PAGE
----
Genre(s): Mecha, Psychological, Drama, Sci-Fi
Age-Appropriateness: 17+ (Frightening scenes, violence, brief nudity, sexuality)
TheAwersome Rating: 8.8 / 10 (A definite Icon)
Premise: In the year 2015, the world stands on the brink of destruction. Humanity’s last hope lies in the hands of Nerv, a special agency under the United Nations, and their Evangelions, giant machines capable of defeating the Angels who herald Earth’s ruin. Gendou Ikari, head of the organization, seeks compatible pilots who can synchronize with the Evangelions and realize their true potential.
Face to face with his father for the first time in years, 14-year-old Shinji Ikari’s average life is irreversibly changed when he is whisked away into the depths of Nerv, and into a harrowing new destiny—he must become the pilot of Evangelion Unit-01 with the fate of mankind on his shoulders.
TheAwersome’s Thoughts: Man this was a ride and a half. Evangelion starts in probably the best way possible, giving you an accurate vibe for the show’s setting, themes, and giving you just enough intrigue to get you asking “now wait a second, did I just see…?” and keep you hungry for more. While it does get up to some classic anime antics of the ol’ pervy high school boys, “oops saw you changing” scenarios, and includes perhaps the seminal Tsundere, it doesn’t leave those antics at surface level. Evangelion has a lot of deep psychological exploration and philosophical questions; and I mean full on psychological lectures and exploration, filled with existential questions and gnarly gritty detail. There’s a lot of very raw emotional scenes, you will be left with goosebumps and genuine terror more than once. My biggest complaint is that the series doesn’t really wrap anything up concretely, so you’ll likely find yourself on a forum for answers.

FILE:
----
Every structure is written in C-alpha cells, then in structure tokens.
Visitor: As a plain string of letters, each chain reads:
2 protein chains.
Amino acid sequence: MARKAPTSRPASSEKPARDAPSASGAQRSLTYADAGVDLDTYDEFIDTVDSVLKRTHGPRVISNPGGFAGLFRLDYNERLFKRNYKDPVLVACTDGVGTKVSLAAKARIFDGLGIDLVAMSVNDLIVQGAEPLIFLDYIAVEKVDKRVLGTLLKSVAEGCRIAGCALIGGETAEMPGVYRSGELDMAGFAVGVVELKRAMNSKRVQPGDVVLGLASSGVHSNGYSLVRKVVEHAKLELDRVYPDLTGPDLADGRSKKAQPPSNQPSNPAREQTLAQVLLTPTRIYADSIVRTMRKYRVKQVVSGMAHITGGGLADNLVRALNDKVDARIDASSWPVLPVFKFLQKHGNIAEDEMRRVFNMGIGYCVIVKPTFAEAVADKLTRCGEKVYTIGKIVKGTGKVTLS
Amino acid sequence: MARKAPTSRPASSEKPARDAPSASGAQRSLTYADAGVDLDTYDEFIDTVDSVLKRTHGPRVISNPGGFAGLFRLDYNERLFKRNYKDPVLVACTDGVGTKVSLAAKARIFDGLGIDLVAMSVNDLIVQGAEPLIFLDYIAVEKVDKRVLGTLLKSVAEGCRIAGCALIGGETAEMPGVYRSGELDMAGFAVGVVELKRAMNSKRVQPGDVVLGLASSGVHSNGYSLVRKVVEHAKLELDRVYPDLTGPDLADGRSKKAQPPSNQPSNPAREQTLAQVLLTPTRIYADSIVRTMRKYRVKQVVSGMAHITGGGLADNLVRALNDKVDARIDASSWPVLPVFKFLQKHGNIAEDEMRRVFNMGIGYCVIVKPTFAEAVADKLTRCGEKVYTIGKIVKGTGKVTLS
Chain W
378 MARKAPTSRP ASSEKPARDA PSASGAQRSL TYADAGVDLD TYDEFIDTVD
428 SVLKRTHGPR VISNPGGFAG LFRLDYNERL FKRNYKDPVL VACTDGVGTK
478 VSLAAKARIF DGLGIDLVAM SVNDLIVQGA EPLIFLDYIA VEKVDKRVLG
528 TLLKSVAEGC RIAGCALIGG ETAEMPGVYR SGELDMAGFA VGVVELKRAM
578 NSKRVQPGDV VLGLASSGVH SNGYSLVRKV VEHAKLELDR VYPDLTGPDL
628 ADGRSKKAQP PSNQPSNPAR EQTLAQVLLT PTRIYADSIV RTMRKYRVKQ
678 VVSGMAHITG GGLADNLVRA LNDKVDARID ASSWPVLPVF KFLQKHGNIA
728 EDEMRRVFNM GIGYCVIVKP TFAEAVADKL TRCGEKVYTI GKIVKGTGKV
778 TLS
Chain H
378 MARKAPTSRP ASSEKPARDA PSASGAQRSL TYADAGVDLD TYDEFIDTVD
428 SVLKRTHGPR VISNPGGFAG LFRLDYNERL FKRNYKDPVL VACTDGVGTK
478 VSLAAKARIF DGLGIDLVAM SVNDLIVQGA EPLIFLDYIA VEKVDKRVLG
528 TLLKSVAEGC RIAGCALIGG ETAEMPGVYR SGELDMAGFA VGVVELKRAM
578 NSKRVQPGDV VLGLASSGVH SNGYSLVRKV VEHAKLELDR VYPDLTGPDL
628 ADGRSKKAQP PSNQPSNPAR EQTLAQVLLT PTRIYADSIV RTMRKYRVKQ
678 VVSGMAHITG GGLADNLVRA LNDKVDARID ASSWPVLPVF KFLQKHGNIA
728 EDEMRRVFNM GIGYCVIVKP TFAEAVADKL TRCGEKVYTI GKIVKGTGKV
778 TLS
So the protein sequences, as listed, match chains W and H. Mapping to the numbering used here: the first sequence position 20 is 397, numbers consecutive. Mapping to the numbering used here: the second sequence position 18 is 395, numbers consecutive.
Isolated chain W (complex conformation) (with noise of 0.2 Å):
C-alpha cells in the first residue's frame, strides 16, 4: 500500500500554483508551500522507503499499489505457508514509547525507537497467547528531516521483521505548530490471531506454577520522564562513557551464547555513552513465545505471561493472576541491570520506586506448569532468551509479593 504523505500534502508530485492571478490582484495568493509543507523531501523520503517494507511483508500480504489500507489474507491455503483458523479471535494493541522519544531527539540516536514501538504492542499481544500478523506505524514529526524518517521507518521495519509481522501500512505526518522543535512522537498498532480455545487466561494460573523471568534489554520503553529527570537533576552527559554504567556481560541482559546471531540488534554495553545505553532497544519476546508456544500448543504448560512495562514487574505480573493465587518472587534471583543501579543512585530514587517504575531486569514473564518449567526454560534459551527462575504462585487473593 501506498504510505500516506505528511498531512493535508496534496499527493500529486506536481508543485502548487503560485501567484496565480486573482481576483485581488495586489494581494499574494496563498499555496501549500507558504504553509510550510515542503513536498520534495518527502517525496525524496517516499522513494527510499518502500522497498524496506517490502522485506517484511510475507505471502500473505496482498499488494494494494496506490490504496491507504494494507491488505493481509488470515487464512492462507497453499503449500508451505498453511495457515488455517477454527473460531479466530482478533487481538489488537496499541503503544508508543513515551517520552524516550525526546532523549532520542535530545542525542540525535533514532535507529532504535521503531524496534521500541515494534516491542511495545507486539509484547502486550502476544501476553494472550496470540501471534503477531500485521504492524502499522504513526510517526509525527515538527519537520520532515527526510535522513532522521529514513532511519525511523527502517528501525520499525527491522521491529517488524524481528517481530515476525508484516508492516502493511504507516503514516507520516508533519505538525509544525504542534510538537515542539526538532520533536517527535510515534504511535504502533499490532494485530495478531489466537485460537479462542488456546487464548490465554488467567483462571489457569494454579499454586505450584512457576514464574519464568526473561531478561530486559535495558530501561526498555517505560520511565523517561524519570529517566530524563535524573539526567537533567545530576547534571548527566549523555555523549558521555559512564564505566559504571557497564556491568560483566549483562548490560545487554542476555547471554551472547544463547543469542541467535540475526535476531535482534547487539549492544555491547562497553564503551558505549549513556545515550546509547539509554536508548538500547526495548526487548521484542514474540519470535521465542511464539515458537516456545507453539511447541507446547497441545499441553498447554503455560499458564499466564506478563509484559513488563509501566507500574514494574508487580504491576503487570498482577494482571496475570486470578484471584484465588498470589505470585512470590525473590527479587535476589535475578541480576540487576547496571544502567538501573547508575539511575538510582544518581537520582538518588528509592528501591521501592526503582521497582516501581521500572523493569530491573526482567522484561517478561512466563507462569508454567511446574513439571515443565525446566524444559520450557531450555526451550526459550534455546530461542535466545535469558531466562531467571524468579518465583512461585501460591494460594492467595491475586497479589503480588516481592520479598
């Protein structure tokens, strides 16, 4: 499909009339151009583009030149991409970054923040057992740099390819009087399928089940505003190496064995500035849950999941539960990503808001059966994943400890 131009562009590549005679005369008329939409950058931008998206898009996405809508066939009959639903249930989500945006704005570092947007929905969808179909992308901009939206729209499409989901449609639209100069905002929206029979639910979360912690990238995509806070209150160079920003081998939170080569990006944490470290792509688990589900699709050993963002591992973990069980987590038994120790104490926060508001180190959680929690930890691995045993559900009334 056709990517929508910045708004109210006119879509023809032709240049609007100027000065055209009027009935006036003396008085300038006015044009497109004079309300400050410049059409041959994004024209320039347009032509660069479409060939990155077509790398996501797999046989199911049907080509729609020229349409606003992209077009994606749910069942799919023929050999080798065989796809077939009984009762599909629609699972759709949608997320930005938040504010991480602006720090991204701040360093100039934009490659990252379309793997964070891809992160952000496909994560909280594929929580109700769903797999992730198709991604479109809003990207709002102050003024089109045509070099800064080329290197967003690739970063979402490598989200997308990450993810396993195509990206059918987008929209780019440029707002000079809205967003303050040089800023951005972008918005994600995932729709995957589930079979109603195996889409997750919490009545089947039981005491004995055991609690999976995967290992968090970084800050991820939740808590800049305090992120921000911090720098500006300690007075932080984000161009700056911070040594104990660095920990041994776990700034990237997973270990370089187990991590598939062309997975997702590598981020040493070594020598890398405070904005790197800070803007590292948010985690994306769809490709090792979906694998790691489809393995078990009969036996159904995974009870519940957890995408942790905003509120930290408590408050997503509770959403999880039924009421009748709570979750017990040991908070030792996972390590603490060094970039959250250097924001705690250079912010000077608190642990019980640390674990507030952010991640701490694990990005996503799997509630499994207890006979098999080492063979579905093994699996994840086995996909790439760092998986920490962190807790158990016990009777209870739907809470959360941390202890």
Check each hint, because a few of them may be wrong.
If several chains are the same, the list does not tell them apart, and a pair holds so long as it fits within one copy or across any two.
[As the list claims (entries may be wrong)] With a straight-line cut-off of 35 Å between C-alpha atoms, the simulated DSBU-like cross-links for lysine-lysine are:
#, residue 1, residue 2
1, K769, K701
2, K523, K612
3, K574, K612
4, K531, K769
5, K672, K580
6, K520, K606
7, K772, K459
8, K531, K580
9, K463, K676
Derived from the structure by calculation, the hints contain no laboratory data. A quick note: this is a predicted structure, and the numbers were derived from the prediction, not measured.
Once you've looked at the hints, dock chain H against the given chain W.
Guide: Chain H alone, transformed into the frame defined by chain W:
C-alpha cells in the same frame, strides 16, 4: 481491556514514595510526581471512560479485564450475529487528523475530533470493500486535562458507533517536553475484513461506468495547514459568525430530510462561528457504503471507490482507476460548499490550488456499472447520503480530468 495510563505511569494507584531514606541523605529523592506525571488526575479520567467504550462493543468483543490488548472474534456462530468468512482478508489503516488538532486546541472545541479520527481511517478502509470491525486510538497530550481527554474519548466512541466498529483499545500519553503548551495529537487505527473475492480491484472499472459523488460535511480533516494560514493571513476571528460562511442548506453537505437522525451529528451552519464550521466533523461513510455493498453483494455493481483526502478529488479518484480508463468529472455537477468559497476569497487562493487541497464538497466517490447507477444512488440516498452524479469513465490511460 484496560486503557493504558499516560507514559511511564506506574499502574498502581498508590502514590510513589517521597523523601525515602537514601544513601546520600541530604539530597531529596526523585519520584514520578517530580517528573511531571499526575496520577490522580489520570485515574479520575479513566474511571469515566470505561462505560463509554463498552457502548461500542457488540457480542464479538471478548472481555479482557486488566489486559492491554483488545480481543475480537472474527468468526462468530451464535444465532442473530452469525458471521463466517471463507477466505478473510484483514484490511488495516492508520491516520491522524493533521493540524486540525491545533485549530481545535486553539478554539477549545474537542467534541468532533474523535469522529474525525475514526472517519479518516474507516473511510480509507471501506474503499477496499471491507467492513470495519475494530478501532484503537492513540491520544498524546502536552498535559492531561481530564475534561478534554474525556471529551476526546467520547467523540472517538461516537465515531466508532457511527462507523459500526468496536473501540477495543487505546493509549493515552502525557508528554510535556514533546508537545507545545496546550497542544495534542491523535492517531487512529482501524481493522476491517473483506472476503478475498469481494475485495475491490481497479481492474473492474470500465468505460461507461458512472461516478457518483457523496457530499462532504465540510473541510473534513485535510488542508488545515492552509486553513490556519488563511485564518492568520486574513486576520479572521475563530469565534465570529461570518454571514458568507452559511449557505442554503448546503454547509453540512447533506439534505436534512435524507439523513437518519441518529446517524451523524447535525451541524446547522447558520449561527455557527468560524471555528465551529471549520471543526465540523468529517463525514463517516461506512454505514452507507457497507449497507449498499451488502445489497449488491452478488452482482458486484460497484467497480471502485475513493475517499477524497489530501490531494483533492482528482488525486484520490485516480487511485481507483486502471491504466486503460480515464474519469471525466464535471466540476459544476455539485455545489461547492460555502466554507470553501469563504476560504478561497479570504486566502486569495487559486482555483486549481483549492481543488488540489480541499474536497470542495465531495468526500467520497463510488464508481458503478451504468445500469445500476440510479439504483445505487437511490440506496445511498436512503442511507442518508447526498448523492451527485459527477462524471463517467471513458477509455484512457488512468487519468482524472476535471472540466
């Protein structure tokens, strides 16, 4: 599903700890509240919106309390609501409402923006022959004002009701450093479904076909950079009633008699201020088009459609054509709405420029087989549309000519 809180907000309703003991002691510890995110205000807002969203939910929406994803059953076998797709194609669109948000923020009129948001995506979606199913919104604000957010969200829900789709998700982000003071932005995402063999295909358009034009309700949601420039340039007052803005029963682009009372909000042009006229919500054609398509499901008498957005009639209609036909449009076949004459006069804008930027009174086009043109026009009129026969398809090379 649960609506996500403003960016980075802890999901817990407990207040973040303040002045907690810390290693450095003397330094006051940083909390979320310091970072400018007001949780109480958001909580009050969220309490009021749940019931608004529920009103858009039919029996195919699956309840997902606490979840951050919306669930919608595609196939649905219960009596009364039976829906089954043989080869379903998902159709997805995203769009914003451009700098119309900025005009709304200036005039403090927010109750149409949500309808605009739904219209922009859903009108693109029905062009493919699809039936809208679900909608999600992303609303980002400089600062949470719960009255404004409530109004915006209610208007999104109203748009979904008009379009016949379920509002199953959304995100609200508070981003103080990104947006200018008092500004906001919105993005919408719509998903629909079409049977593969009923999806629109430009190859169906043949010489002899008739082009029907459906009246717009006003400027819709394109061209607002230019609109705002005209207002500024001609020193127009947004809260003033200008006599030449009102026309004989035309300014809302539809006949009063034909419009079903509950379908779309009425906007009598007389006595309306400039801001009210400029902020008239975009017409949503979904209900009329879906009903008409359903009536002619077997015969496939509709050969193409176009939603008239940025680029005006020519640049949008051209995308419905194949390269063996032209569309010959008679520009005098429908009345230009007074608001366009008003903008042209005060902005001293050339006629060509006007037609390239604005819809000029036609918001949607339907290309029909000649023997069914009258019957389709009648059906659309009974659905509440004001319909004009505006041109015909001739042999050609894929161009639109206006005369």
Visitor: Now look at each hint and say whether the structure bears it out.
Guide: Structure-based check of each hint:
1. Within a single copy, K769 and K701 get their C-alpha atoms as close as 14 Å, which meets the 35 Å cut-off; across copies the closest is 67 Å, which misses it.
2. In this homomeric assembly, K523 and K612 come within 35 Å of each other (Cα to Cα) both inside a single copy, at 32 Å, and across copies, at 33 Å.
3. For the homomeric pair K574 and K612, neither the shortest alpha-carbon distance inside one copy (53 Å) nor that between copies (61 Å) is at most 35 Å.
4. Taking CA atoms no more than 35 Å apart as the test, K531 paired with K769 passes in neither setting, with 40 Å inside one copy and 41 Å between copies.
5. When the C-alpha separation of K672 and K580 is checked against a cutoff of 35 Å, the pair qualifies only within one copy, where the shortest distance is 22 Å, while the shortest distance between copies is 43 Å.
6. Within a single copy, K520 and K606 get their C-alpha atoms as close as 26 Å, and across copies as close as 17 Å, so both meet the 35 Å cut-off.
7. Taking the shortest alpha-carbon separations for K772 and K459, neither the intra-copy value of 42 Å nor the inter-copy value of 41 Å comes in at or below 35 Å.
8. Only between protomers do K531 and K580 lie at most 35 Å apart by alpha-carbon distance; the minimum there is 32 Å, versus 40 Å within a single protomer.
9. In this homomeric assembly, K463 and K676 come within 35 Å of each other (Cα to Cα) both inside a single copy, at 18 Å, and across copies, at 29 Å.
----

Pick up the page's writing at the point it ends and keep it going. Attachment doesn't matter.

TLDR: What made Mecha a great genre, filled with existential psychological enigmas and religious imagery.
Evangelion falls into the 1st season of SAO category for me in that a large bulk of it is absolutely stellar. Animation, emotion, characters, and moments that would make it a masterpiece abound. Then there’s a significant chunk that really falls short of that (though not as bad as with SAO). In another anime I wouldn’t mind so much, but it makes me feel like the parent or teacher of a truly gifted student who randomly will flunk a test. I’ve seen the amazing work you can do, so it’s that much more upsetting to see these random shortcomings.
There are two additional Evangelion movies on Netflix: Death (True)^2 is good for if you need a recap of the series and characters, in a somewhat artistic way. The other, which wraps up the series, albeit in a slightly “alternate ending” kind of way, is End of Evangelion, which will be reviewed next week. There are three *other* Evangelion movies (not on any streaming service) which are more or less a reboot called “The Rebuild of Evangelion” series that we’ll also get to. The fourth and final (I think) movie of the rebuild series is slated to air in theaters in Japan next year.